- Daily Zen
It may come as no surprise that the IMF decided to downgrade its growth outlook for China. The revision was driven by weak global economic conditions and unsatisfactory results recorded in China as well. Indeed, the IMF is concerned about the economic recovery in China and it believes that the country’s authorities should introduce essential reforms aimed at bringing a sustainable recovery.
On the 29th of May, in the highly foreseeable move, the International Monetary Fund informed that it downgraded its 2013 growth forecast for China to 7.75 percent from 8 percent. Furthermore, David Lipton, first deputy managing director of the IMF, noted that the organization expected the China’s economy to expand by 7.75 percent also in 2014. The revised 2014 growth outlook for China is substantially lower than the earlier estimate of 8.2 percent growth.
The IMF’s decision to downgrade growth forecast for China came after many institutions took harsh steps and revised down their outlooks for the Asian dragon. China has recently brought not too satisfying results, just to mention the flash manufacturing PMI for May, disappointing factory activity in April and unsatisfactory investment data for April as well. Thus Bank of America-Merrill Lynch had revised down its growth outlook for the Asia Dragon to around 7.6 percent, compared to the previous estimate of a 8 percent expansion. Correspondingly, Standard Chartered decided to downgrade its growth forecast for the world’s second economy to 7.7 percent from 8.3 percent. However, still different estimates are more optimistic than the government’s projections of a 7.5 percent expansion in 2013.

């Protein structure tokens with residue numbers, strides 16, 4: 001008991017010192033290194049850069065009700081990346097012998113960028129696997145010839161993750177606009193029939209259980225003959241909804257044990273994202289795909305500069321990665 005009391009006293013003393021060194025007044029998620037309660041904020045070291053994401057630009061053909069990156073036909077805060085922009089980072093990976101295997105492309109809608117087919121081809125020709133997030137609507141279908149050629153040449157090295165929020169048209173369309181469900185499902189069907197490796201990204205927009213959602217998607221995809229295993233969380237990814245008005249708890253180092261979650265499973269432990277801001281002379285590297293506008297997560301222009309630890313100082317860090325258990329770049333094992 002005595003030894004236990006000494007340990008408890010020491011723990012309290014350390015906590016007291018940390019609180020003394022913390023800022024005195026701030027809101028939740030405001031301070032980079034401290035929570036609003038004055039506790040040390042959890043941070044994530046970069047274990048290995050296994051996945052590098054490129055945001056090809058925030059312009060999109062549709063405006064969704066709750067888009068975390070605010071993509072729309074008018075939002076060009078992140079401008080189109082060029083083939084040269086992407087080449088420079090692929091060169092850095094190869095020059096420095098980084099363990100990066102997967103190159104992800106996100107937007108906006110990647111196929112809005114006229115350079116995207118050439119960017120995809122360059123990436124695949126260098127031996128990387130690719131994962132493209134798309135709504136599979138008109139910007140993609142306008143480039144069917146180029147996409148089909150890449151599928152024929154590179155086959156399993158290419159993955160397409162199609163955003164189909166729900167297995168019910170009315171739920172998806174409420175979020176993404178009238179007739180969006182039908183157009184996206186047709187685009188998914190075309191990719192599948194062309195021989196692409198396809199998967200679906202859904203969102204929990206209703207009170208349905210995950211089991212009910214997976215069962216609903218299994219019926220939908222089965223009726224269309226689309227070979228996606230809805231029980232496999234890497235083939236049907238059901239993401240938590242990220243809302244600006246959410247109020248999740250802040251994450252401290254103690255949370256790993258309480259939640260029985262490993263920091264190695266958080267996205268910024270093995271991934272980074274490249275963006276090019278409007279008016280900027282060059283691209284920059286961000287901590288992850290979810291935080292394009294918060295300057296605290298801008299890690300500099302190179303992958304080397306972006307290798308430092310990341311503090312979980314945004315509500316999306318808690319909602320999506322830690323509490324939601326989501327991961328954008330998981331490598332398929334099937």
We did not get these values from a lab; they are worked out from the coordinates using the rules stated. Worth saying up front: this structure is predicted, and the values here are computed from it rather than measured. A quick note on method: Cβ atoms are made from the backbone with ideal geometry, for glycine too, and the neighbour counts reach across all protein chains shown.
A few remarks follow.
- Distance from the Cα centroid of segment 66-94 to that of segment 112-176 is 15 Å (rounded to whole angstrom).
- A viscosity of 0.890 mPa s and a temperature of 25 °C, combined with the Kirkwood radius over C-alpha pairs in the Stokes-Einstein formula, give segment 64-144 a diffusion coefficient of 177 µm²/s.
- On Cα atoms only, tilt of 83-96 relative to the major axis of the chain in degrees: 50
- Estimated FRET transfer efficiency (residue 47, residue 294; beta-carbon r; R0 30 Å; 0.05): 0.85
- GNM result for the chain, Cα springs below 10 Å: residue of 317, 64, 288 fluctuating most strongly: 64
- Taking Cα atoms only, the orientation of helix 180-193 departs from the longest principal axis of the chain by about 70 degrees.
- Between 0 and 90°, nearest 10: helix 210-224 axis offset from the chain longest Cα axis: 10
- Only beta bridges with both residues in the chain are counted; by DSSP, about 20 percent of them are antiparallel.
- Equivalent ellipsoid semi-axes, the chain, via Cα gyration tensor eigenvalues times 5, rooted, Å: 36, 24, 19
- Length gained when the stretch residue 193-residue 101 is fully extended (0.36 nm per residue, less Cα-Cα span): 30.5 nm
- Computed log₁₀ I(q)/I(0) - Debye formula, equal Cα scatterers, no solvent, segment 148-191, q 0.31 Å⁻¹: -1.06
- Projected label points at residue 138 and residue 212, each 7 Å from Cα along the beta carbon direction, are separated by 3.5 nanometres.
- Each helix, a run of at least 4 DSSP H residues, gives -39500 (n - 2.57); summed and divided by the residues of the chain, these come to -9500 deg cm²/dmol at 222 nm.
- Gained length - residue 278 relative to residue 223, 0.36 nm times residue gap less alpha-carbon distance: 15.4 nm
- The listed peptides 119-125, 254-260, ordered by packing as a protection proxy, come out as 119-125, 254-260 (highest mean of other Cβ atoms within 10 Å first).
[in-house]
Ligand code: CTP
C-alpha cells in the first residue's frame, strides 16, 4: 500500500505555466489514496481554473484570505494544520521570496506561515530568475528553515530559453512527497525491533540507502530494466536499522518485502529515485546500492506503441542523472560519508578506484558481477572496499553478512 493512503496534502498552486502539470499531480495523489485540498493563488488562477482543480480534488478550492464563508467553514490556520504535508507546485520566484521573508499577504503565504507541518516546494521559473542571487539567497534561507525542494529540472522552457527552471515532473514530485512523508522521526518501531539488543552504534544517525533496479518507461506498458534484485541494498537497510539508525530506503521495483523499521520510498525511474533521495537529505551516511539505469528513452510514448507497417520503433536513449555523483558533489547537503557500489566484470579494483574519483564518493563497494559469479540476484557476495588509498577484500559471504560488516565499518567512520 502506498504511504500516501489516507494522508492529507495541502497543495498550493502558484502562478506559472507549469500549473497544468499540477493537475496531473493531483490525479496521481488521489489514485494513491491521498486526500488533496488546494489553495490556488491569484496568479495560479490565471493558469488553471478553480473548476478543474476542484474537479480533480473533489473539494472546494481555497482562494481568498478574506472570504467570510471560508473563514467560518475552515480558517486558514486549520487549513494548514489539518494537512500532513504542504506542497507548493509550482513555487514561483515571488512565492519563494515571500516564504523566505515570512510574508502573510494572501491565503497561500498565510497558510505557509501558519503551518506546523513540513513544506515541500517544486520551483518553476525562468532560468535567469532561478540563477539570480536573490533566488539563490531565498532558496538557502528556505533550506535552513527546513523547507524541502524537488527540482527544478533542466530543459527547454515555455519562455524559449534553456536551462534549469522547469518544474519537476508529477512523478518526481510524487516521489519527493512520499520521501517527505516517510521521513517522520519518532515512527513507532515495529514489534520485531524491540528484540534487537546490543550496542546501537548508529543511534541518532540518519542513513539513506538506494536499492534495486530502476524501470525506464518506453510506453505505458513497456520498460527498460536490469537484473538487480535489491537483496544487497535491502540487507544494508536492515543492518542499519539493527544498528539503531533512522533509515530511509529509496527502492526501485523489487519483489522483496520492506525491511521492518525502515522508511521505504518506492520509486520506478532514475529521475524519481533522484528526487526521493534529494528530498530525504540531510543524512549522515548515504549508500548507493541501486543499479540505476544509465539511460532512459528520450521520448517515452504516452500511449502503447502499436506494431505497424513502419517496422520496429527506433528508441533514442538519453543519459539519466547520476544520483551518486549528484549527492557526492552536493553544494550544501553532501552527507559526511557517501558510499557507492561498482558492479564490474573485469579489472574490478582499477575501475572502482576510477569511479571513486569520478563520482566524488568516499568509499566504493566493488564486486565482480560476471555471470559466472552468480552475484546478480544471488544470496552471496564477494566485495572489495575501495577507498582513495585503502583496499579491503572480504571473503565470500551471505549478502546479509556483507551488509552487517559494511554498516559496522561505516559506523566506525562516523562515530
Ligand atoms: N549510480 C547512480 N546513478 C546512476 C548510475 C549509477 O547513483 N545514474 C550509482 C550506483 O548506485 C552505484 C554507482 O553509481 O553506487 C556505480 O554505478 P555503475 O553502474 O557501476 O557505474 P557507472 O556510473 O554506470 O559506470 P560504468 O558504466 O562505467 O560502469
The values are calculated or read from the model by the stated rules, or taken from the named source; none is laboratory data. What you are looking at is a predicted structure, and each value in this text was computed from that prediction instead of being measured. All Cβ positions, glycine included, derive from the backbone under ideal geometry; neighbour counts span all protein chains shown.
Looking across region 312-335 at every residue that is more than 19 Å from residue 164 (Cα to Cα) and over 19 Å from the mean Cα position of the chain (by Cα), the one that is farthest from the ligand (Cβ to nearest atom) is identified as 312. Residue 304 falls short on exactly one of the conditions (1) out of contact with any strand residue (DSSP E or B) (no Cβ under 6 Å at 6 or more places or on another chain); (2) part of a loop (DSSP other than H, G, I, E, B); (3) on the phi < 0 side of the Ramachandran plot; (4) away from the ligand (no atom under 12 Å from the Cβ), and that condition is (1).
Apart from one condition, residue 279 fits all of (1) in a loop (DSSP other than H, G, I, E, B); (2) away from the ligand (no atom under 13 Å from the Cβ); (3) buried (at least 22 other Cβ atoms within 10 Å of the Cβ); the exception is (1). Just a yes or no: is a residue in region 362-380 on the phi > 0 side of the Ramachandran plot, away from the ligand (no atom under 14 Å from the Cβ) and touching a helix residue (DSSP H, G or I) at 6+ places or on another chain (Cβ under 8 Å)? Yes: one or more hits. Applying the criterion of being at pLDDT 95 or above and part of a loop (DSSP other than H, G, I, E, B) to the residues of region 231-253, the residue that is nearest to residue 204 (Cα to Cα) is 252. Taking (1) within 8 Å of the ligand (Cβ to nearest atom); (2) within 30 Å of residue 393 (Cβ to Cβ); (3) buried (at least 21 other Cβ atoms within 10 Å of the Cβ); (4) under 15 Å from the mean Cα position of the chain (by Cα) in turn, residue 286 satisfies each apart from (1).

Informing about the revision, the IMF cited several threats to China’s economic growth, including accelerating expansion of credit. David Lipton noted that China would witness many difficulties while maintaining much-awaited stability.
In addition, the International Monetary Fund also informed that it expected the China’s economy to accelerate in the six-month period ending December while the global economy would witness a gentle improvement as well.
Concurrently, the INF underlined that China should introduce essential changes if the authorities wanted the economy to get on the sustainable growth track. The International Monetary Fund in fact believes that there is a huge need for introducing changes to create a more open environment for competition in the market.
But the government of China should also come to grips with changes of its tax policies and the issue of decentralization. While China is undergoing important changes almost in every field, the country has to address growing concerns about the “quality of investment” and everything what is connected to the matter. Commenting on all threats to the China’s economic recovery, David Lipton noted: “If growth were to slow sharply below this year’s target, then on-budget fiscal stimulus should be used, focusing on measures that support household incomes and consumption, such as reductions in social contributions, subsidies to consumption, or targeted social safety net spending.”
Undeniably, the new authorities will certainly face new challenges in the near future while there will be trying to sustain the economic recovery. But the fact is that not only the International Monetary Fund pinpoints lurking threats to China’s economic growth as the World Bank underlines the urgency for reducing the dominance of state-owned companies and introducing free competition in the market. Otherwise, China will witness an alarming slump in its economic growth which will also have an immense impact on the global economy.
Also on the 29th of May, Premier Li Keqiang admitted that China would continue to struggle with many obstacles, yet the emergence of the strong service industry would guarantee economic growth.